A new policy paper from the Mexico Center at Rice University's Baker Institute for Public Policy examines the impact that the constitutional reform of the country's "anemic" telecommunications could have on market competition, human rights and public welfare.
While the original reform initiative appeared to address key problems at the root of the dysfunctional system, the reform's legislative implementation has been widely criticized by public policy experts and human rights advocates, according to the policy paper, "The Telecommunications Sector in Mexico: Present and Future in the Context of the 2014 Reform."
When Mexican President Enrique Peña Nieto enacted constitutional amendments in June 2013 to reform the country's telecommunications landscape, this development was seen as a watershed moment for reducing the power of telecommunications monopolies, strengthening freedom of speech, improving information accessibility and modernizing telecommunications infrastructure, said the paper's author, Oscar Bejarano. The viability of these goals, however, has been hampered by the so-called secondary laws, which represent the fine print to last year's constitutional amendments and were signed into law by Peña Nieto July 14, he said.
Bejarano is a doctoral candidate in Rice's Department of Electrical and Computer Engineering and 2014 summer graduate intern under the Mexico Center's director, Tony Payan. Bejarano wrote that beyond issues regarding freedom of speech, the controversy around this reform exposed other equally unacceptable realities of the new telecom sector in Mexico.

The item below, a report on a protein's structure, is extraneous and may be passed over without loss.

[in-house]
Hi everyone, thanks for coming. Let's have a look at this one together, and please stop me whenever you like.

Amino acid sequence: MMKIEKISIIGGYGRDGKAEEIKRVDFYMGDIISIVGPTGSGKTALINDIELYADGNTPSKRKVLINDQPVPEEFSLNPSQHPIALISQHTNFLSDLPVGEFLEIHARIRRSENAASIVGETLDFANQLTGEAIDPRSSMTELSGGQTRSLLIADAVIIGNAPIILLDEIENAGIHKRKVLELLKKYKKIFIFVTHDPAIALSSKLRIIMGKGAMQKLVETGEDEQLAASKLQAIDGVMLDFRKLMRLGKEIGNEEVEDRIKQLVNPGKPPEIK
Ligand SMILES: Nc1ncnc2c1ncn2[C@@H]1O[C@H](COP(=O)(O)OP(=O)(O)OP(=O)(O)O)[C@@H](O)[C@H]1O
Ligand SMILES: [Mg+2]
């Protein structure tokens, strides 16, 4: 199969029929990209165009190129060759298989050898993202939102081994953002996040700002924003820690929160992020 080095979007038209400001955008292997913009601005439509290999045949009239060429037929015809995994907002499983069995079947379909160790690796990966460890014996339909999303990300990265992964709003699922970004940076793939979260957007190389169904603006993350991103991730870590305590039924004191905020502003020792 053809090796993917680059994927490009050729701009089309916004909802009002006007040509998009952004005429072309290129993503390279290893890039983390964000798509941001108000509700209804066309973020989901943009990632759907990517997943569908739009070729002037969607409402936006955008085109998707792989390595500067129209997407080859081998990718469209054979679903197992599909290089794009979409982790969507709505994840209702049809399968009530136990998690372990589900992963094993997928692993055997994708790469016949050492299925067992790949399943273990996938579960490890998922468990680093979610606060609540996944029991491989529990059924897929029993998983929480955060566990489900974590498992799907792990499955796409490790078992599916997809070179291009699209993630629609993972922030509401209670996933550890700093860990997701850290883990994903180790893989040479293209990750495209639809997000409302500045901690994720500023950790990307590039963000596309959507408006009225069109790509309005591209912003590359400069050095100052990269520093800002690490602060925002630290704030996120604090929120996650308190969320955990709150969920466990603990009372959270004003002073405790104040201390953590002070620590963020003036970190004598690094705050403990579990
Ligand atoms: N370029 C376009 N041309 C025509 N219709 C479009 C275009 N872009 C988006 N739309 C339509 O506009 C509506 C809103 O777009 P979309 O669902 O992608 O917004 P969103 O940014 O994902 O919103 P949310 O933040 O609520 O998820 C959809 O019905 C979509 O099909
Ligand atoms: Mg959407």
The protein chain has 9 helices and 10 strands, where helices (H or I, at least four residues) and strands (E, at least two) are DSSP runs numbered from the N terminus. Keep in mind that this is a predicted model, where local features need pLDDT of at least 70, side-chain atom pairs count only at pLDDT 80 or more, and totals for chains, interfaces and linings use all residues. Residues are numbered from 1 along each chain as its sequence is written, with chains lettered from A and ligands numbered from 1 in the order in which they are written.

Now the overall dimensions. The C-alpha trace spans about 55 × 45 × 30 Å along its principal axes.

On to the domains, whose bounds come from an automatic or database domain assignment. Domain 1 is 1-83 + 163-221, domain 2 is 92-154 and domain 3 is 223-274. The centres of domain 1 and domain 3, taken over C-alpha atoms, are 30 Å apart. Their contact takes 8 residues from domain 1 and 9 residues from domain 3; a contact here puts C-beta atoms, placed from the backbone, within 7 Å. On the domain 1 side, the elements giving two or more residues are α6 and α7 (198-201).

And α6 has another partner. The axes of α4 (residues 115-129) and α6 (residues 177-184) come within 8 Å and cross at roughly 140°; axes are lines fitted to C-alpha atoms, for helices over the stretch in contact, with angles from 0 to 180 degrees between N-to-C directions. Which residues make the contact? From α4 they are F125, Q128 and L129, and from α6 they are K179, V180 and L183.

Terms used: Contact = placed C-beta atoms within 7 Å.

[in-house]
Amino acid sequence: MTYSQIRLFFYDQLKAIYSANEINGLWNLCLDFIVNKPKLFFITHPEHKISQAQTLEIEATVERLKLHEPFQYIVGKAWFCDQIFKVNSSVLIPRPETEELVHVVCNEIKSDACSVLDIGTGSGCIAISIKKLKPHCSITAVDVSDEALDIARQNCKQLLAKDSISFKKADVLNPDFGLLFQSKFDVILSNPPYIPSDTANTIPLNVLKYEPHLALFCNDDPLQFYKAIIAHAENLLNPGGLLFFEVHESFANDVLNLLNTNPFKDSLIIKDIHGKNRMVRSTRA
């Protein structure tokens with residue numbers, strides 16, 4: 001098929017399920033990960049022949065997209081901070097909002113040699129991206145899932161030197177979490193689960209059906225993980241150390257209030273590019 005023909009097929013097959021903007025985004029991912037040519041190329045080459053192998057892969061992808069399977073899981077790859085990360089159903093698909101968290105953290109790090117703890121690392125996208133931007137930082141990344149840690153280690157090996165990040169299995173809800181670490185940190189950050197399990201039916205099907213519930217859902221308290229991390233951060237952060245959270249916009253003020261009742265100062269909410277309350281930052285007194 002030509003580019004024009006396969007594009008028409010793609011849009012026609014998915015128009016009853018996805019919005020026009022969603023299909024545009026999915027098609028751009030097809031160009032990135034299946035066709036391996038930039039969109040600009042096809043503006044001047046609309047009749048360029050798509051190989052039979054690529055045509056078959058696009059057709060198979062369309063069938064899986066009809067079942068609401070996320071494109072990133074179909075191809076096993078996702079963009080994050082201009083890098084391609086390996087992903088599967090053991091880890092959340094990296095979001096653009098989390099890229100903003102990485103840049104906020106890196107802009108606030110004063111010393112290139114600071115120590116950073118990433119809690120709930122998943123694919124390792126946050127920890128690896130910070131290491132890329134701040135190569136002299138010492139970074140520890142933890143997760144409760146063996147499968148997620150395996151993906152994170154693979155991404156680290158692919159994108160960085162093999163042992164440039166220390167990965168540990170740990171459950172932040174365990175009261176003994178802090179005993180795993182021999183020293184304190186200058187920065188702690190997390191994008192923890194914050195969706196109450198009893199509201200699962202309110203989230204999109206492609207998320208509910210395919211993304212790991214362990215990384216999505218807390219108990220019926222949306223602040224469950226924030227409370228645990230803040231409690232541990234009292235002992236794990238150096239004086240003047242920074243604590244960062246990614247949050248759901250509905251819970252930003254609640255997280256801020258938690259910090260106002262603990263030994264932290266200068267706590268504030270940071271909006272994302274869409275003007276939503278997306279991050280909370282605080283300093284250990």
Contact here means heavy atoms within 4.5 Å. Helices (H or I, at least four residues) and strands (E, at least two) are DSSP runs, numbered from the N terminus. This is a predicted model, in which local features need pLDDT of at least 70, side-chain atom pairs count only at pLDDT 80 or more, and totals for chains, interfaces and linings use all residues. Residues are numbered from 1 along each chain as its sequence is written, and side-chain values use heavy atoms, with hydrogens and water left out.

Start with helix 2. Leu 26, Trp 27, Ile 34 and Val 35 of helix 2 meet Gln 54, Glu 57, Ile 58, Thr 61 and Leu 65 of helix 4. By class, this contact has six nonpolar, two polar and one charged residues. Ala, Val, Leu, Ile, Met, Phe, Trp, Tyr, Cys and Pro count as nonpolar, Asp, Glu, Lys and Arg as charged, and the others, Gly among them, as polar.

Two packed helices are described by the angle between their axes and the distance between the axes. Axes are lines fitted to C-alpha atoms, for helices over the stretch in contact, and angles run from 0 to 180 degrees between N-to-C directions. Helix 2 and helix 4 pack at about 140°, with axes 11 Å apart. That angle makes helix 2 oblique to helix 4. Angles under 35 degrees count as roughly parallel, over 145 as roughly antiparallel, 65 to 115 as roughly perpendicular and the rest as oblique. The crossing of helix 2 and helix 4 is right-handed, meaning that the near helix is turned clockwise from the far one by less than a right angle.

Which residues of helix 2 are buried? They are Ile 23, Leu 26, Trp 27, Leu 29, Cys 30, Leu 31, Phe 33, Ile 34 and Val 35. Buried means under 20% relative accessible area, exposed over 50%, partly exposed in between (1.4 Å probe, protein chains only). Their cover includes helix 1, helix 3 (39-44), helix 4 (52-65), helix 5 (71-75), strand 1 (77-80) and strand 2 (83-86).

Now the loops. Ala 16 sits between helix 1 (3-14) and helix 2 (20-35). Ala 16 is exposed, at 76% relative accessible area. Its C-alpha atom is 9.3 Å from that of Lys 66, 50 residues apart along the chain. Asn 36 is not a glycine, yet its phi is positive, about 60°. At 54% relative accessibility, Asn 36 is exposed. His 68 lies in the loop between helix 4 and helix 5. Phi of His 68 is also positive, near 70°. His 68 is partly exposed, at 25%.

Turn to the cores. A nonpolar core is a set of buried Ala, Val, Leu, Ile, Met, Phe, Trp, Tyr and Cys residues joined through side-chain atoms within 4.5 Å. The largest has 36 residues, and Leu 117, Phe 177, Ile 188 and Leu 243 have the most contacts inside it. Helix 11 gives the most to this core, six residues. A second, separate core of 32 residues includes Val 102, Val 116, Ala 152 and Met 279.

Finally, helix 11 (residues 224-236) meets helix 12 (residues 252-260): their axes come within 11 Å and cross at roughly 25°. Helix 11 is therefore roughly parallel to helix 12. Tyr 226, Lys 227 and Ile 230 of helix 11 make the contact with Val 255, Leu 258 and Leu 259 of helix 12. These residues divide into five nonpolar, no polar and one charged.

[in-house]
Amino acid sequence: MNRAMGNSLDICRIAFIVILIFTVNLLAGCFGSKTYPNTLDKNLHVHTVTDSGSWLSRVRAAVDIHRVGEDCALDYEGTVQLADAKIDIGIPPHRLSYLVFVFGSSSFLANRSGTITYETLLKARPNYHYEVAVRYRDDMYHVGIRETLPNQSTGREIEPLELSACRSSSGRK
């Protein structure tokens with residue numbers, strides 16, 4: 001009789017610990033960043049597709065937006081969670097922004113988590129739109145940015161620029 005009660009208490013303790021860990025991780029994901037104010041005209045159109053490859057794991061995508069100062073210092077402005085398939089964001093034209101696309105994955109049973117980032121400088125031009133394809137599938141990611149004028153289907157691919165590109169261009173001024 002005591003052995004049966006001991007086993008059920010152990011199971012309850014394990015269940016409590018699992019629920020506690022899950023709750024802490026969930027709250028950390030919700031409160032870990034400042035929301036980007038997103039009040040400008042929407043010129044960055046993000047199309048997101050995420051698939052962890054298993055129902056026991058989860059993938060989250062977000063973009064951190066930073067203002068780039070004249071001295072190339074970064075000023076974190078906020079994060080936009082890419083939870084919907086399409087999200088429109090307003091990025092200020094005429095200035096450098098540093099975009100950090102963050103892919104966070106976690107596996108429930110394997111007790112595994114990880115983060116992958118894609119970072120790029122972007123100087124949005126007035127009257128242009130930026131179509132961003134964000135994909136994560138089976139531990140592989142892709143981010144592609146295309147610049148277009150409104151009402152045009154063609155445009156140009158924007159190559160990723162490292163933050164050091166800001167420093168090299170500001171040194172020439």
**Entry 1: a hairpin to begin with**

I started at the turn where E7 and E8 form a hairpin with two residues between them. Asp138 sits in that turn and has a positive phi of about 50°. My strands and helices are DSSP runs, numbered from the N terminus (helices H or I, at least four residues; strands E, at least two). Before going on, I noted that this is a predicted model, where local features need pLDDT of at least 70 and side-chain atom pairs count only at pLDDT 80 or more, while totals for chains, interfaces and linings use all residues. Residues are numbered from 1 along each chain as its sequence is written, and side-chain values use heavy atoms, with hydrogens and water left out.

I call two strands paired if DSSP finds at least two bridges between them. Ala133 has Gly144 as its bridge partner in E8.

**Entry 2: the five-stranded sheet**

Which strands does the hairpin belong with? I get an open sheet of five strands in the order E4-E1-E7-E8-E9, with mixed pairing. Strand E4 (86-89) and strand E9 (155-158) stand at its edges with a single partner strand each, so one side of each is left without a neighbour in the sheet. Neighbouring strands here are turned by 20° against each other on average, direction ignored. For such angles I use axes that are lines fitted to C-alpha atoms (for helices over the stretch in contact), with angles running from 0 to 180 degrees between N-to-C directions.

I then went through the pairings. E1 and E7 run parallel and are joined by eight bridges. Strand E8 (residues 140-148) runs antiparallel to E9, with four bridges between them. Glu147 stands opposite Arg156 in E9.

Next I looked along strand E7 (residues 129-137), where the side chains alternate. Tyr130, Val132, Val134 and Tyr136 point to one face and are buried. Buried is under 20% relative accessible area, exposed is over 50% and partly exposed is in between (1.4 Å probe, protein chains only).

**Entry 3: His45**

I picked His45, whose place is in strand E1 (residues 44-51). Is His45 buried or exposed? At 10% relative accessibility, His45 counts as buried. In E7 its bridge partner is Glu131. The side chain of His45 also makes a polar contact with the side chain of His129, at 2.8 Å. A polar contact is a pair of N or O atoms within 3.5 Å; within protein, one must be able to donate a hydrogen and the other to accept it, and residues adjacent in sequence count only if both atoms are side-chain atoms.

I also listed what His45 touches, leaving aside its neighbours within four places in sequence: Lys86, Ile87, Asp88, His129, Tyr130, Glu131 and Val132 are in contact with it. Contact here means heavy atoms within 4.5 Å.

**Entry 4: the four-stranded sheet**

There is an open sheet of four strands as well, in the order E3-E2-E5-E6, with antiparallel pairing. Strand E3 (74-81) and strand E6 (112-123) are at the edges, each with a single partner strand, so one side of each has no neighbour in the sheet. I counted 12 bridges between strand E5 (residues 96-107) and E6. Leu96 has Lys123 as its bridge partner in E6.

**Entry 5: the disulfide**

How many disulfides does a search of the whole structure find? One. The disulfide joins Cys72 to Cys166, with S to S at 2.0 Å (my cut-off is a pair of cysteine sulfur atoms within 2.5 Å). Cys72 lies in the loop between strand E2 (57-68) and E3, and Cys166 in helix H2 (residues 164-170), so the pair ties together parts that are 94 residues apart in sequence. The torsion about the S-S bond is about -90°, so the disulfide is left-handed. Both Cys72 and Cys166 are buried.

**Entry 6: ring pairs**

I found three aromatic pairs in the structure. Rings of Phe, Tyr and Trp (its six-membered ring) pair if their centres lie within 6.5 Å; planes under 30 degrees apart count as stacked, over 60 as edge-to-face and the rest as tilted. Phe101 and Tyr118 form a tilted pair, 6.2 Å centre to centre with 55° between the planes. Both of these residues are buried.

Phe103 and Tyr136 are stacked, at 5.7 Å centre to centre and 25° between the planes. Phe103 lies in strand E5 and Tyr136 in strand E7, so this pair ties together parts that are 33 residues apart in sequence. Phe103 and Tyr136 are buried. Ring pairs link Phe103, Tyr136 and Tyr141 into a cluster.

"Concerns focus on whether the new laws and policies will have a strong positive social impact or whether they are designed for the benefit of a minority of investors and will ultimately detract from the public welfare," Bejarano said.
Successful reformation depends upon eliminating monopolies, strengthening competition, updating infrastructure, increasing coverage, fortifying consumer and citizen rights and regulating sectors, Bejarano wrote.
"Unfortunately, the multiple bill drafts proposed by the executive and the legislative branches, as well as the legislative process itself, revealed that the state is not willing to take the steps necessary to eliminate the root cause of deficiencies in this sector," Bejarano said. "Regulations to increase competition across the industry actually only targeted one player—America Movil. Mexico's new regulatory agency for telecommunications, IFETEL, obtained only partial autonomy."
The result is a few cost reductions, but consumers will have to sacrifice more of their privacy and basic human rights, he said. Legal provisions such as data retention, content regulation by the Secretariat of the Interior and geolocation, among others, will only lead to greater government control over citizens without providing significant benefits to them, Bejarano said.
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The policy paper is available online: bakerinstitute.org/research/te … tions-reform-mexico/